Tech platforms foray into uncharted waters

Political and speech bans put tech companies in a very difficult spot

Many students have reached out to hear my opinion about the bans of political figures such as Donald Trump from tech platforms such as Twitter, Facebook, and others. Although this is not something we generally cover at Innovalab Weekly, the importance of these actions can not be understated. First, let's understand the current public discussion.

Conservatives allege the tech platforms can not limit free speech online as per the United States Constitution, specifically the first amendment. They allege political bias and censorship of conservative voices as most tech companies lean liberal.

This is actually what the first amendment originally says:

Congress shall make no law respecting an establishment of religion, or prohibiting the free exercise thereof; or abridging the freedom of speech, or of the press; or the right of the people peaceably to assemble, and to petition the Government for a redress of grievances.

Liberals and independents argue the first amendment applies only to the government, citing as evidence past decisions of the Supreme Court. Therefore only the government can censor or restrict speech. Using this rationale, private companies are obviously not part of the government and can refuse service to anyone they want.

For instance, a restaurant can boot you out because you're annoying other customers. Or Twitter and Facebook can ban you for not following their complicated terms of service which include rules such as inciting violence, terrorism, posting adult content, harassing others, etc.

As anyone can already infer, the subject is much more nuanced and complicated and also full of contradictions. I am not qualified to lecture about constitutional law in this space neither politics, but I want to touch on the consequences of these decisions made by tech companies, no matter on which side you are.

#1 - The Paradox of Tolerance

The first subject I want to touch is more philosophical. Should a free society tolerate intolerant ideologies that, when in power, will definitely suppress tolerant voices? The cartoon below explains very well this paradox of tolerance, used by ideologies such as Nazism, Fascism, and Communism in the past to suppress free speech. The argument is in a book written by British philosopher Karl Popper published in 1945.

It is fair to say the majority of us agree with the conclusions above. The big question here is what constitutes an intolerant ideology in free societies and who is responsible for defining it.

Should it be the president or prime minister, the congress, the judiciary, an independent regulator, the UN, tech companies, the press, a majority of citizens? Food for thought.

#2 - Regulation

Social networks and tech companies are not regulated by any government body. However, we can make a case they are as prevalent and useful as utilities or public concessions. It is weird that TV stations, telecoms, electricity companies, or even airlines are heavily regulated but tech companies are not.

As the US government does not have a public social network or platform online, therefore our dependence on Facebook, Google, Apple, Amazon, Twitter, and others has become too big to ignore. Technology companies have become de facto arbiters of free speech in the online world, even though they allege to be only distributors of information such as newspapers.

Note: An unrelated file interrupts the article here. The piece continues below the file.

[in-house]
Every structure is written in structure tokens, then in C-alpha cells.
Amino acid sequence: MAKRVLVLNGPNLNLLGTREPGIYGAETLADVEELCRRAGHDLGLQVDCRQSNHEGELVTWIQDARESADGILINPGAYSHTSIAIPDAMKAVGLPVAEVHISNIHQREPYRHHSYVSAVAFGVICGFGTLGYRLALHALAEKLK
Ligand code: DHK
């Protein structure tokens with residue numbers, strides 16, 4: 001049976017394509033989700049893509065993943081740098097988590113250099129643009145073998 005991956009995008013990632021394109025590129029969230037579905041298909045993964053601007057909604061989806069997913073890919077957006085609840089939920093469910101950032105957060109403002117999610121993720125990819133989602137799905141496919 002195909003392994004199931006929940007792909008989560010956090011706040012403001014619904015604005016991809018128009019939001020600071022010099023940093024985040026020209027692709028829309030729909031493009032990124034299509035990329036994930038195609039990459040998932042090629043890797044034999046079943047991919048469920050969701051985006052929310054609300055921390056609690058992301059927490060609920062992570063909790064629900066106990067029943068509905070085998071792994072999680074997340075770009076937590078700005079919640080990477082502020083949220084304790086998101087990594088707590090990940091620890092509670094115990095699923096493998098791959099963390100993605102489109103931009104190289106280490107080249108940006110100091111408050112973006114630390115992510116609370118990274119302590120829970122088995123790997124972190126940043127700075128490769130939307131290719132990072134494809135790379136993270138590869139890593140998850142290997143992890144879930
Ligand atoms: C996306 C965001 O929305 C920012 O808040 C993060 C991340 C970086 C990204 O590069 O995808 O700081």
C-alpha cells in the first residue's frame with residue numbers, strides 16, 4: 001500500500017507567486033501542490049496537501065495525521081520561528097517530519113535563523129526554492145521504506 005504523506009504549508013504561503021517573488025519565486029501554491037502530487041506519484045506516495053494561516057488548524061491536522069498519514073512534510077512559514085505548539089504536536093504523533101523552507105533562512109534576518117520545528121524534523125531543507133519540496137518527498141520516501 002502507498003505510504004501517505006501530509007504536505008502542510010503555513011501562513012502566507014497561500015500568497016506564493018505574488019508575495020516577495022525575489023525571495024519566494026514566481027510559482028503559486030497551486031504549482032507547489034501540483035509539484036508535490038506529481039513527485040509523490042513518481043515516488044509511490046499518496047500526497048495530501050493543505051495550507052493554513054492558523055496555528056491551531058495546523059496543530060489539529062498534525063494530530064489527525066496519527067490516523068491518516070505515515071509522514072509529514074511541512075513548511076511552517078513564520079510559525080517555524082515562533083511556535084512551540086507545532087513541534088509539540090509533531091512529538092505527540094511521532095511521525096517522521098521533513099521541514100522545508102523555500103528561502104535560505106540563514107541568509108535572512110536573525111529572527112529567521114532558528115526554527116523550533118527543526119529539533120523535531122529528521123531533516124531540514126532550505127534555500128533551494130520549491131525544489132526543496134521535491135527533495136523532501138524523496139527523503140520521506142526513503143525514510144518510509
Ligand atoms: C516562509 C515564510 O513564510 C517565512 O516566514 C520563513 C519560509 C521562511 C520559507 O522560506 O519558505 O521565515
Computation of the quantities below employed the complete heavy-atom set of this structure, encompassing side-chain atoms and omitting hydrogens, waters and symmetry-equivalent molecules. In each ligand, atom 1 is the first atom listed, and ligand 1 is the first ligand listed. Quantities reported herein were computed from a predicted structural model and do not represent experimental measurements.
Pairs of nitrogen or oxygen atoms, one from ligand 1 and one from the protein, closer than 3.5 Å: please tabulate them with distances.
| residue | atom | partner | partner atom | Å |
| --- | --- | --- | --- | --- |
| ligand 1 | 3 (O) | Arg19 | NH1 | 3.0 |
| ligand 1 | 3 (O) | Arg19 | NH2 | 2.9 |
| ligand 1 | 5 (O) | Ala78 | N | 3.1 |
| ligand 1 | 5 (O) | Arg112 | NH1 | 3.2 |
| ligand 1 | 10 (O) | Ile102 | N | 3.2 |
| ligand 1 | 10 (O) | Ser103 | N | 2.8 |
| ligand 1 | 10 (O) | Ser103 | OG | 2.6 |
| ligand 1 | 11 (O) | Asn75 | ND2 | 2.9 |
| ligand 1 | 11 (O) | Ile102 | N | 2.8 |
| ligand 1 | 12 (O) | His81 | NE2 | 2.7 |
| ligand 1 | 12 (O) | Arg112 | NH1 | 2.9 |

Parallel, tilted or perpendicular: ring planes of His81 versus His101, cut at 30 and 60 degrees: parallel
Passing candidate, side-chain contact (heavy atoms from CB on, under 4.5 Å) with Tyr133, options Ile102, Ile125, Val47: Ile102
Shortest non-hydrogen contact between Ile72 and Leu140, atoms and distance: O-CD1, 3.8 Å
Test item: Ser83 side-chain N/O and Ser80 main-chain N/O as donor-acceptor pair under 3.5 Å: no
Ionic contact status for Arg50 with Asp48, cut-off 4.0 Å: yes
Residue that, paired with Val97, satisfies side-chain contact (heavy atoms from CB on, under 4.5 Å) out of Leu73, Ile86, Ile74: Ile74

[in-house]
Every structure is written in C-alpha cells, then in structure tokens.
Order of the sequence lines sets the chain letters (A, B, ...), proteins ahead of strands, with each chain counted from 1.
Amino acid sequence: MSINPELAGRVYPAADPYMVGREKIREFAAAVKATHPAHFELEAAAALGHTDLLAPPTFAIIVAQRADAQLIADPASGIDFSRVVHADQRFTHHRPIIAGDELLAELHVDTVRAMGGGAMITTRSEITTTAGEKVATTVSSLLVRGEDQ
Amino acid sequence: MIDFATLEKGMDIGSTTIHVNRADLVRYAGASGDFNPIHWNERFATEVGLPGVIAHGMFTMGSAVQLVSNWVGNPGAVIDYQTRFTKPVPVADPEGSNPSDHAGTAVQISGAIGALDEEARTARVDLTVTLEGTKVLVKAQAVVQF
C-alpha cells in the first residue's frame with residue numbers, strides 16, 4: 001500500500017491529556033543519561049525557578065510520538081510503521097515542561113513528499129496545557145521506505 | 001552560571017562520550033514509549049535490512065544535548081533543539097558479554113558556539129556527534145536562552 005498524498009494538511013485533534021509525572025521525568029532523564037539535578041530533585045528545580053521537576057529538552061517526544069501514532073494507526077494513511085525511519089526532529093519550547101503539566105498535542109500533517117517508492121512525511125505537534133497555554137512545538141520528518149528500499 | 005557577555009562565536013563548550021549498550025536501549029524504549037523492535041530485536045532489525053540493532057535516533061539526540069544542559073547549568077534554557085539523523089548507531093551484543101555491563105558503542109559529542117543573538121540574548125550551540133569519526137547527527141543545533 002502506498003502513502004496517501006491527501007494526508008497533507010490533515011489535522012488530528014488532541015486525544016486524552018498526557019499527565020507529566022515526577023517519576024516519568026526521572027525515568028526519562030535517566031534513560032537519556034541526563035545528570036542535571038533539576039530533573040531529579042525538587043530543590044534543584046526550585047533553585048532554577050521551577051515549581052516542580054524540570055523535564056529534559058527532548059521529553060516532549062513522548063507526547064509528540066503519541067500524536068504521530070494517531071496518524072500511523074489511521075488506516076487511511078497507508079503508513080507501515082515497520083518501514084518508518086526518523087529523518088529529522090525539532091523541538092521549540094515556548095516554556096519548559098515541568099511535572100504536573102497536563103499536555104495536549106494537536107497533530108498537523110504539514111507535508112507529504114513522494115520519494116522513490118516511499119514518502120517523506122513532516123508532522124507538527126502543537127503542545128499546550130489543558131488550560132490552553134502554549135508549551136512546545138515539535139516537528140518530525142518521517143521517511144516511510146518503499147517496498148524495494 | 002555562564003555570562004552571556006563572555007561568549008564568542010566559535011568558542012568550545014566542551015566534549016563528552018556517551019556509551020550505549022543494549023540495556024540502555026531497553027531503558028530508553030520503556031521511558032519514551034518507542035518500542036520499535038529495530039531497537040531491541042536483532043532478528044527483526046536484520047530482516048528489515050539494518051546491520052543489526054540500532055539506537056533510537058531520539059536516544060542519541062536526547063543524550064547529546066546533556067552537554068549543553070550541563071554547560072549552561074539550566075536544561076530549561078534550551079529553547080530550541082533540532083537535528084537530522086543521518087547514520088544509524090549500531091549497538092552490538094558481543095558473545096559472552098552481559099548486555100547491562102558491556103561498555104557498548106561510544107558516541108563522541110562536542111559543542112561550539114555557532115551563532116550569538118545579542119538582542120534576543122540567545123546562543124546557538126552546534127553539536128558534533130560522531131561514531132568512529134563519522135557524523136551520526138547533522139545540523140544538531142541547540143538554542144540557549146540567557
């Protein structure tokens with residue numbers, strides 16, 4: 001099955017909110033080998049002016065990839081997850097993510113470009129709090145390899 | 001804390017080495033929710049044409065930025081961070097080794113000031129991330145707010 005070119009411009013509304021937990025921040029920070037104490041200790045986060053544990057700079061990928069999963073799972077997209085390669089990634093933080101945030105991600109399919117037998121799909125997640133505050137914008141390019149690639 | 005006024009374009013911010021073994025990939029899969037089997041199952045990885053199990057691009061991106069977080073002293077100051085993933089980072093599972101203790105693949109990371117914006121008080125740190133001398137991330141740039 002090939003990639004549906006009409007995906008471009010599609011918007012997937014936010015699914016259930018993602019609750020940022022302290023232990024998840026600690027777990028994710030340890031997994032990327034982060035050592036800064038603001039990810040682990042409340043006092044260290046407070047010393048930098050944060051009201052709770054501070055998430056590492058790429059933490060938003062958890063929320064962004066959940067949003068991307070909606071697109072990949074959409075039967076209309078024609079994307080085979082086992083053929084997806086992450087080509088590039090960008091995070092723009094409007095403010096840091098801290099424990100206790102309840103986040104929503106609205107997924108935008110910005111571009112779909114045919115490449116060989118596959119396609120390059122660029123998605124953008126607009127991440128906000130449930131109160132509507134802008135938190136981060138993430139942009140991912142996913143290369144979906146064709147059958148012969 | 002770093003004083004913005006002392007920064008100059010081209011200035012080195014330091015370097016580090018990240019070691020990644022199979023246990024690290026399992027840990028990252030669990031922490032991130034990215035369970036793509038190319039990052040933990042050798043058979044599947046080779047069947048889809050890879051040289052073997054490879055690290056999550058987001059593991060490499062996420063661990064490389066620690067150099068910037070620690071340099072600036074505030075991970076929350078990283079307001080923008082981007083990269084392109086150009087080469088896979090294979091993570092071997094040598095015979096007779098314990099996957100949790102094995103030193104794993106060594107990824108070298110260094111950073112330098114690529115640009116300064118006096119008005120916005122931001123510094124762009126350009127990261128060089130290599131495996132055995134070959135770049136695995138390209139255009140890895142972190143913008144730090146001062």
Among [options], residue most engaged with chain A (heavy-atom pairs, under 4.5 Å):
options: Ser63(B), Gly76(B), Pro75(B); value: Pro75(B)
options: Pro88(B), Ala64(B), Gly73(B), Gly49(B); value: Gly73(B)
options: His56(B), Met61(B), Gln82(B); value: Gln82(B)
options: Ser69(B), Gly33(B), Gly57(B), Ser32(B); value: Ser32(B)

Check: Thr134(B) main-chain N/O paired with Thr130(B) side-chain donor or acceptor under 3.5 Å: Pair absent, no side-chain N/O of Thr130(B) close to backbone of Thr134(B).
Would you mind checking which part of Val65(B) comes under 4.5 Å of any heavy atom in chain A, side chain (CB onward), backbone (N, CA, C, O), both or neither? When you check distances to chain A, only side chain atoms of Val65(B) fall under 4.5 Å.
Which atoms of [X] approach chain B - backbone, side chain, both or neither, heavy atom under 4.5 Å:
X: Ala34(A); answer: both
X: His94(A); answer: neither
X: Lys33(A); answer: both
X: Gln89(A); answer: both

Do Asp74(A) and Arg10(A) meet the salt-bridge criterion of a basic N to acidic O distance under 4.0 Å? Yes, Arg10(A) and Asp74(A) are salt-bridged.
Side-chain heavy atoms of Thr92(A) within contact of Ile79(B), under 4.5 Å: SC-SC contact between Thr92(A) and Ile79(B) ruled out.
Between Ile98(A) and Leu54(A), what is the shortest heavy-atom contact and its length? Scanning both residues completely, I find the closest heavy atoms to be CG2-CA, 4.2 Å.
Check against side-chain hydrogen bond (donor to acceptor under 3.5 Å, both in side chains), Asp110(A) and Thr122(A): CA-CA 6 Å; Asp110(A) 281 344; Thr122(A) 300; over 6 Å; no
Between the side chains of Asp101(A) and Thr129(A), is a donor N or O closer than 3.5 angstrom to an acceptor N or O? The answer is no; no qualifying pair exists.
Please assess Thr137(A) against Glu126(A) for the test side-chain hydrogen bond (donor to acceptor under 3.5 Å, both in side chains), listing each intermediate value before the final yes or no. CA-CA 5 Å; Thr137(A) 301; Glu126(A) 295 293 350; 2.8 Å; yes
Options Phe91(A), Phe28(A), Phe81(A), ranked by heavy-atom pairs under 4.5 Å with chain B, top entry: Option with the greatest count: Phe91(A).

The danger here is to leave private companies, which business models are mostly rewarded by online engagement, to define what is true or not or which behaviors are to be accepted online. Although I personally think the recent bans are justified on grounds of national security, it may not be the case in the next ban or censored content.

This is a very thin line that has already been crossed and the genie is out of the bottle.

#3 - Jurisdiction

For several reasons that we won't discuss here, all of the giant tech companies that influence the online discourse (outside China) are based out of California and Washington state; mostly are in Silicon Valley. By any metrics, it is clear the concentration of power in the hands of a couple dozen founders and executives is a very bad idea. Today they seem to be well-intentioned and responsible folks, but we are not sure what may happen tomorrow.

More importantly, these folks living in a rich part of California have disproportionate power to influence world affairs. They can elect politicians if they want, start wars or wreak havoc in any country or region at any given time.

Therefore, it seems urgent to create a sort of Internet constitution or multilateral organism that can regulate what they can or can not do online. This is a very complex discussion as it puts capitalism, individualism, the rule of law, and the sovereignty of nations in conflict with each other.

#4 - Decentralized platforms

Many libertarians, anarchists, liberals, and conservatives think the solution might lie on decentralized and anonymous platforms such as blockchain, which powers Bitcoin and Ethereum. In this case, no one would have absolute power and the decisions could be shared by a simple majority or be done algorithmically.

The question is to understand if democracy or a kind of benevolent autocracy would be the preferred systems to rely on in order to make important decisions that will reverberate through the world.

Although tech supremacy is real and potentially dangerous, I am confident a new generation of professionals will find the right balance to this problem. We need fresh ideas and new paradigms.

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